Cuban food: it may leave you speechless

23:00, Oct 25 2011

People had, actually, warned me before I went to Cuba on holiday last year that the food there was nothing to write home about. Some even suggested taking a jar of peanut butter. "Ha ha!" I said. I really don't think it's going to be that bad. I'll be able to find good stuff to eat, even if most people can't. I will. It is what I do.

And anyway, I told myself, two weeks in Mexico, where the food is fabulous, would atone up for two weeks of potentially lousy food in Cuba. As it turned out, I was both completely right, and completely wrong. 

Flying into Havana, we got a taxi to our hotel, the state-owned Hotel Colina. It was a bit like something from cold war Russia. One of the problems you encounter in a place where there is little or no financial incentive for working hard and giving good, attentive service is that no one really sees why they should do... anything. The staff at the Colina were a shining example of this couldn't-give-a-s**t attitude - surly, hostile, slow. Get used to it, bucko...

The dirty, cramped room with the broken safe was just an entrée to the pleasures of the Colina. In a postscript to last week's post about terrible buffet experiences (I honestly can't believe I didn't mention it!), the "complimentary" breakfast buffet at the Colina was actually almost indescribable. 

It involved the following: chunks of orange that seemed to be more pith and pip than flesh; some little pancakes, pre-made and sitting in the dreaded bain marie so long that they were like drinks coasters; slices of (I kid you not) cold, raw potato; those uniquely prepared eggs with hard yolks and raw whites; and some appalling fried luncheon sausage; all washed down with coffee that did, actually, taste like warm, dirty water. Astounding. An inauspicious start. It did not bode well. 

Meeting up with our tour group, a thoroughly pleasant bunch of mostly Australians (don't sound so surprised), and local tour leader Jorge, a really great guy, things started looking up when he took us to a paladar, a privately owned, family-run restaurant which buys a licence from the government to be able to serve food to tourists, and which, consequently, served a much better standard of food - still nothing amazing, but at least actually edible. 

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As the tour progressed, we continued to clock up food experiences both good and bad - here, a breakfast of stale bread, crawling with ants, there a deliciously simple street pizza with tomato and cheese; some magnificently fresh fish and seafood, and some roadside eateries where the only things any sane person would be game to eat were potato chips and ice cream.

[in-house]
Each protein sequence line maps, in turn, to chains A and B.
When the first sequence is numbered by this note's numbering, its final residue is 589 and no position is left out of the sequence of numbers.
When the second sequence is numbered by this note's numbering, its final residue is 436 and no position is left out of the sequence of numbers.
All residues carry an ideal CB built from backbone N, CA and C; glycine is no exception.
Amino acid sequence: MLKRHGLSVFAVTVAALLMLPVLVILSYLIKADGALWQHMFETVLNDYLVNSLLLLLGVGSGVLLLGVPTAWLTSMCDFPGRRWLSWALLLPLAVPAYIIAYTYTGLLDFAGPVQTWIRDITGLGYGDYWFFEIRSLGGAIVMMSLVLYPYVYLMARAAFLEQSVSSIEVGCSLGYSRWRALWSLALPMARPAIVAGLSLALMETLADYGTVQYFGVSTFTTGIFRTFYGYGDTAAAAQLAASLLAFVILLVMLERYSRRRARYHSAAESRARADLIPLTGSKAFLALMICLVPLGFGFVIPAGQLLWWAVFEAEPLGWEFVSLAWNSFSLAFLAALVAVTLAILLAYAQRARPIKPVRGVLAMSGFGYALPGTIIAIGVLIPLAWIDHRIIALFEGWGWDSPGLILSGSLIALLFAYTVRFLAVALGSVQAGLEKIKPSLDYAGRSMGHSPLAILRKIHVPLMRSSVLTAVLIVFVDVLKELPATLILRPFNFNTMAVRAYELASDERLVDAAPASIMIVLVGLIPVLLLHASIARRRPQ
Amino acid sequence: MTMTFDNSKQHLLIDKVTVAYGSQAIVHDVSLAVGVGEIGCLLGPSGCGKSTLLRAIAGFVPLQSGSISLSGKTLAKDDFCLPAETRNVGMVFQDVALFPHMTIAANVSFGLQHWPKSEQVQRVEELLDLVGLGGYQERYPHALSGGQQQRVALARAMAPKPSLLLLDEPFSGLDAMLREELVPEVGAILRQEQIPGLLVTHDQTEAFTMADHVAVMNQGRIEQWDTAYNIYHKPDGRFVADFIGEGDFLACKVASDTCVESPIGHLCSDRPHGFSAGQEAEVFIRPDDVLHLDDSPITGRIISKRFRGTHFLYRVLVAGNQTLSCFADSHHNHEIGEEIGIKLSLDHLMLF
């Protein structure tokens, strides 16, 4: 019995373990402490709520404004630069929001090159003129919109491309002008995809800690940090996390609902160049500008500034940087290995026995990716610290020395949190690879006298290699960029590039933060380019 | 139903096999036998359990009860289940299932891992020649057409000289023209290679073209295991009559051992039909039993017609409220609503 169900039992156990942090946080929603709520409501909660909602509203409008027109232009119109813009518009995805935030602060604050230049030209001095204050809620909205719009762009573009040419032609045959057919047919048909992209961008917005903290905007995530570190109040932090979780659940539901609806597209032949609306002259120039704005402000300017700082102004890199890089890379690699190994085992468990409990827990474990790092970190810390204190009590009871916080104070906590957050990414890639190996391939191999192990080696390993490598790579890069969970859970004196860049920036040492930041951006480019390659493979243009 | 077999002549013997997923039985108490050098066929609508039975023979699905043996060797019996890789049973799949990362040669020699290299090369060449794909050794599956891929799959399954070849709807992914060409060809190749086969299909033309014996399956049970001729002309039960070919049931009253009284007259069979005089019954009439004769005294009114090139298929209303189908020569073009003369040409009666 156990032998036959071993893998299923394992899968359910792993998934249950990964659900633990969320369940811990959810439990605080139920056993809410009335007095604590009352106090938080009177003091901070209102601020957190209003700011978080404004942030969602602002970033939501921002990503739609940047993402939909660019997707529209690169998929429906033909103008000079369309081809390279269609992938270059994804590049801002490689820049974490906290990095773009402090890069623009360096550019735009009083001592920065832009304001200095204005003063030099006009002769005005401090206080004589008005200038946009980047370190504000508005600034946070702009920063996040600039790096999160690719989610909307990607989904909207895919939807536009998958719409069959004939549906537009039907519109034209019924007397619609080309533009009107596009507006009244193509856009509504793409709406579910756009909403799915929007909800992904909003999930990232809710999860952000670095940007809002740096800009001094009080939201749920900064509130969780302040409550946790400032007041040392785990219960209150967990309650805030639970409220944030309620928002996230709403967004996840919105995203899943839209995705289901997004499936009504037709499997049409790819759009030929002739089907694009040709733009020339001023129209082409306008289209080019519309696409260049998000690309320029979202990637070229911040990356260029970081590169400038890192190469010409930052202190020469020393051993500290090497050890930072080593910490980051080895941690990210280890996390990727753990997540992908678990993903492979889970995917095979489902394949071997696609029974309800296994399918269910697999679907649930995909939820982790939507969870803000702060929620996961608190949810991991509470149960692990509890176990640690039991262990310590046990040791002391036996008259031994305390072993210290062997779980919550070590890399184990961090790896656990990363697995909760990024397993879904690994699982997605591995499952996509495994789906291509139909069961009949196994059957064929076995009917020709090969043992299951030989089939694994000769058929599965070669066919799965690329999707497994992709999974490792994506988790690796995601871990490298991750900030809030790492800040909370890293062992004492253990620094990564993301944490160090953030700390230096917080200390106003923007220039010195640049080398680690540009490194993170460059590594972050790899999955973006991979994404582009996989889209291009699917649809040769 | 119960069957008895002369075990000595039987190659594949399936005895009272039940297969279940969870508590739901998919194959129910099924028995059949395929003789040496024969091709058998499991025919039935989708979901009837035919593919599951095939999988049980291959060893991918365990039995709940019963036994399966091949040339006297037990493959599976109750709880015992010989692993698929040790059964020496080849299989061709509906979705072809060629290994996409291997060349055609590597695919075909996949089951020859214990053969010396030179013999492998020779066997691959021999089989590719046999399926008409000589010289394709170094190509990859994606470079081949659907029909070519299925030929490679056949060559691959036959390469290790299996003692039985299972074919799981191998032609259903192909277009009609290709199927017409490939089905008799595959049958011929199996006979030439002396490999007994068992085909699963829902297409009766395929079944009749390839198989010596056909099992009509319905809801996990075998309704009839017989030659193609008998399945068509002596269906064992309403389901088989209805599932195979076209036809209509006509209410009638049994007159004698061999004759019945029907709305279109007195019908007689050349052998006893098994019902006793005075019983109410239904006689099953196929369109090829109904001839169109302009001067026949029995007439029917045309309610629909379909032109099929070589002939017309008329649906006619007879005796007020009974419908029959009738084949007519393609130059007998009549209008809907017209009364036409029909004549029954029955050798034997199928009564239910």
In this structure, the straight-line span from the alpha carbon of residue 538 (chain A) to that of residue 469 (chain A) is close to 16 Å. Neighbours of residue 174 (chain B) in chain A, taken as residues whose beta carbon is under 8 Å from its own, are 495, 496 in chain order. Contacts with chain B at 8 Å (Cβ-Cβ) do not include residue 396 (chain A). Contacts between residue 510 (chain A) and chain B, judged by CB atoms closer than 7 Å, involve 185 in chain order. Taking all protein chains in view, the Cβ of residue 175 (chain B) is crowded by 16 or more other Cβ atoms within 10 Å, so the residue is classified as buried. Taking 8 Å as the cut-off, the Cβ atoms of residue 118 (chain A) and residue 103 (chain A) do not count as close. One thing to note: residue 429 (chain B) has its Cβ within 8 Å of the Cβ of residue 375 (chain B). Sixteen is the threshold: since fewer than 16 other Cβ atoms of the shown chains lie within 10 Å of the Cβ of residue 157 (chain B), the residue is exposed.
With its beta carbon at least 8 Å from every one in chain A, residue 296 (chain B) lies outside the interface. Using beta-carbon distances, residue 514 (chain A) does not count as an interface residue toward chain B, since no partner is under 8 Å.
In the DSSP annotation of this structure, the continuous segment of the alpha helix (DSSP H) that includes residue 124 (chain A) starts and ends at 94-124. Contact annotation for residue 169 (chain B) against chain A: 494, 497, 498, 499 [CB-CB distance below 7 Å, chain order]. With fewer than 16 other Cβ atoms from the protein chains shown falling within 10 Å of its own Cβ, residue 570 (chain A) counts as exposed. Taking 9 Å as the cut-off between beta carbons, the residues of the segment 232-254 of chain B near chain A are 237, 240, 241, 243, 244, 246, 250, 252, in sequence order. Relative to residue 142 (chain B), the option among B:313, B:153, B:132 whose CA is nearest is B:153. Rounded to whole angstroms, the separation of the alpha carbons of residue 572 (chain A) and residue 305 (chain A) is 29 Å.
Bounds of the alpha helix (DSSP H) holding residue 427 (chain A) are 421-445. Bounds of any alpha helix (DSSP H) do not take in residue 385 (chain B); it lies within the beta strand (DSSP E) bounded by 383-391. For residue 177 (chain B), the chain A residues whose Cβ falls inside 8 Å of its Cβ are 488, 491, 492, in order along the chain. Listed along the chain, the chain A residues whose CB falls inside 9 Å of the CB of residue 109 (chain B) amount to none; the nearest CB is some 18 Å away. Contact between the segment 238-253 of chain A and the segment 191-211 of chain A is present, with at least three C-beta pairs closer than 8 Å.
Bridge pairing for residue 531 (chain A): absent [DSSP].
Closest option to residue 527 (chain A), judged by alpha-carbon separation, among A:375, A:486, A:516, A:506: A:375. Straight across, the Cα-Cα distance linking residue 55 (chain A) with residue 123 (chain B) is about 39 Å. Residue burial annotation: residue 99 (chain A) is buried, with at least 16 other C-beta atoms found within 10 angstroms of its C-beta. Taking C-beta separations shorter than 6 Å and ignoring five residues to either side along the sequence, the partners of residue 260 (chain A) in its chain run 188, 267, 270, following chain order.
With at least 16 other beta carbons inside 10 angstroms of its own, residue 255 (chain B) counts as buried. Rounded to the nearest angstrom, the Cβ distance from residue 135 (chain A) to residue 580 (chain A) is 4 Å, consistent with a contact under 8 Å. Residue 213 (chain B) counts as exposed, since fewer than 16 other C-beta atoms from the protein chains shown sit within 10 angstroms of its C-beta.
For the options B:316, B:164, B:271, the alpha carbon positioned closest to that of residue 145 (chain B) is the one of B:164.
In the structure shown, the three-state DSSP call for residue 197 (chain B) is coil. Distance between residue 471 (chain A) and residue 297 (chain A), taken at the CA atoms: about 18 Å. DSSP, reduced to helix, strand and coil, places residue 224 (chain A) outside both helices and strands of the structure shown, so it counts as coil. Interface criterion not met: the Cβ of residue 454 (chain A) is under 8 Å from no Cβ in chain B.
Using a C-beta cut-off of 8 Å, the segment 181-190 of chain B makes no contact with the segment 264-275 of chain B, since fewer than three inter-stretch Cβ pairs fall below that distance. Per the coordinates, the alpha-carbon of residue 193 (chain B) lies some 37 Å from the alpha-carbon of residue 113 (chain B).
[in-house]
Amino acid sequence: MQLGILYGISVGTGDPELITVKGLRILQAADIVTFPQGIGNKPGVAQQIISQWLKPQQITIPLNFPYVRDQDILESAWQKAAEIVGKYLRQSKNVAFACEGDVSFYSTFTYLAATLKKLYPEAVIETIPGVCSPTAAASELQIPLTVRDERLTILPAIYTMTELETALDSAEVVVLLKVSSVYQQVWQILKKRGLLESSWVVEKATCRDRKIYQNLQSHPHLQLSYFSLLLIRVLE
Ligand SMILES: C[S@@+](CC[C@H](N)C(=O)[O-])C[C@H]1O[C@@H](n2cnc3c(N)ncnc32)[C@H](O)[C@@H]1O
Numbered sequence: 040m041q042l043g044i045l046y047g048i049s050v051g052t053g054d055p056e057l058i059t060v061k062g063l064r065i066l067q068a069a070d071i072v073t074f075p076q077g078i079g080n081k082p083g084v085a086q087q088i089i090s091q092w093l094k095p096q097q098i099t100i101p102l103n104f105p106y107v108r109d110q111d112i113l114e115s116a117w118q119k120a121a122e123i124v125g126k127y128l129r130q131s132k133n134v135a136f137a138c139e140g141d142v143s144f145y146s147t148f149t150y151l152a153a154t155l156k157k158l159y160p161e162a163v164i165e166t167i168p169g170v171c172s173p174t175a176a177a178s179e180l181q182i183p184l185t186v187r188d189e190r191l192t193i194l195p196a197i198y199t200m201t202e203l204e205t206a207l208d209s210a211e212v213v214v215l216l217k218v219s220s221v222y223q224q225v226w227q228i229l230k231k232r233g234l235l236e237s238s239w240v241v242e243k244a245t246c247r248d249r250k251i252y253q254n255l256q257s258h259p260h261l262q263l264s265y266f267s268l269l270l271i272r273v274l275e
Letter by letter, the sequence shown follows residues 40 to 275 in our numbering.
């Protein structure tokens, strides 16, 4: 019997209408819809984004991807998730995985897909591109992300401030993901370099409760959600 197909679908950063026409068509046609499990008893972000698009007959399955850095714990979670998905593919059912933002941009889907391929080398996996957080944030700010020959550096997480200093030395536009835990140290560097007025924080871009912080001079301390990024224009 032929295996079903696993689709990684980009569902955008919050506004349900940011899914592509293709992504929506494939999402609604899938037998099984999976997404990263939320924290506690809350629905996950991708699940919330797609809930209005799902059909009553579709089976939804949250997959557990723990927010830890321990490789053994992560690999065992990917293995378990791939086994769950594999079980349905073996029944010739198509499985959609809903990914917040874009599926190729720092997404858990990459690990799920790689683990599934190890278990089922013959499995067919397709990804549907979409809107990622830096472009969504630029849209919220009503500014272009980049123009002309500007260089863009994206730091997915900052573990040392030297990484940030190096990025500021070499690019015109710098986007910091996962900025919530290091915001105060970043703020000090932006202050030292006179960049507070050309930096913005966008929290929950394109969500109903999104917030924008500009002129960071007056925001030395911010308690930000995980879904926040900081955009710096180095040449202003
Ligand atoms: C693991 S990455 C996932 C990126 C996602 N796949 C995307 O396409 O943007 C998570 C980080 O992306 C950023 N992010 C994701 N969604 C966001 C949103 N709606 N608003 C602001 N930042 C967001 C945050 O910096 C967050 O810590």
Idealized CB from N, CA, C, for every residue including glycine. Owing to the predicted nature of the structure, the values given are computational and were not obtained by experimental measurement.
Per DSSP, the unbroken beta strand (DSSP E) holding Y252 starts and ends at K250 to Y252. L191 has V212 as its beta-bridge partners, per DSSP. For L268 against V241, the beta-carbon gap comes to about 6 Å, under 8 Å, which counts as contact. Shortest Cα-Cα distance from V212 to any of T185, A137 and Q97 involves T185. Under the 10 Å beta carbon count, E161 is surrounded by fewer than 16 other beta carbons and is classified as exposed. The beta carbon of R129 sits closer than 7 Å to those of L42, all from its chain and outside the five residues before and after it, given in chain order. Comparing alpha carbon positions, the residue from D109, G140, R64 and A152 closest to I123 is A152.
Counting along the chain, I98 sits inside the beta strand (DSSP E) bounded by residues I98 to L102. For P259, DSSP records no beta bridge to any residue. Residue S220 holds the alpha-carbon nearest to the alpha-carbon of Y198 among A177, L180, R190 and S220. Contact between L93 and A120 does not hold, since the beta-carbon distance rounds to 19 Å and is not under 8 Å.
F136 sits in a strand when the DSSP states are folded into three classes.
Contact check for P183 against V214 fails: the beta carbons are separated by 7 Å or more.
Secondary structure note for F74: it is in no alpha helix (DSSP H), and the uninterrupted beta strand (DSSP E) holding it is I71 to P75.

Ice cream - Cubans are obsessed with ice cream. In Havana there is the Coppelia chain, which sells government-subsidised ice cream priced in the local Cuban pesos, rather than the Cuban convertibles that we tourists get used to. It was the setting for the Fresa y Chocolata film. It looks a bit like a spaceship.

One of the most fascinating days out was a trip to a local food market in Camaguey. With a limited array of produce on sale - lots of chilis, and some sorry-looking carrots and onions, plus some butchered meat dangling in the heat - it really made clear why their food was often a bit average, and why the chicken and pork was often cooked to an almost inedible degree: to render it less likely to kill you. 

Most of the accommodation was in private homes, or casa particulares, and this was the setting for some of the better meals on the trip - the best was probably in Baracoa on the eastern side of the island, where we enjoyed a real feast of what they called langoustine, which we would probably call crayfish, rice and beans, bread and salads, washed down with fresh guava juice. Another favourite meal was in a fried chicken place that took all the "fast" out of "fast food" - from ordering to eating, over two hours for a simple plate of chicken leg and thigh (the breast meat is saved for those high up in government and the better hotels) over polenta. State run, just in case you were wondering.

So, for anyone who is planning a trip to Cuba - don't go especially for the food. The architecture, music, history and beaches all make it totally worthwhile, anyway, but in terms of food, if you go with very low expectations, you may be pleasantly surprised by some of the food, whereas other meals may leave you speechless. And not in a good way. 

What do you know of Cuban food? Have you been to Cuba? If so, when? And what were the best and worst meals you had there?

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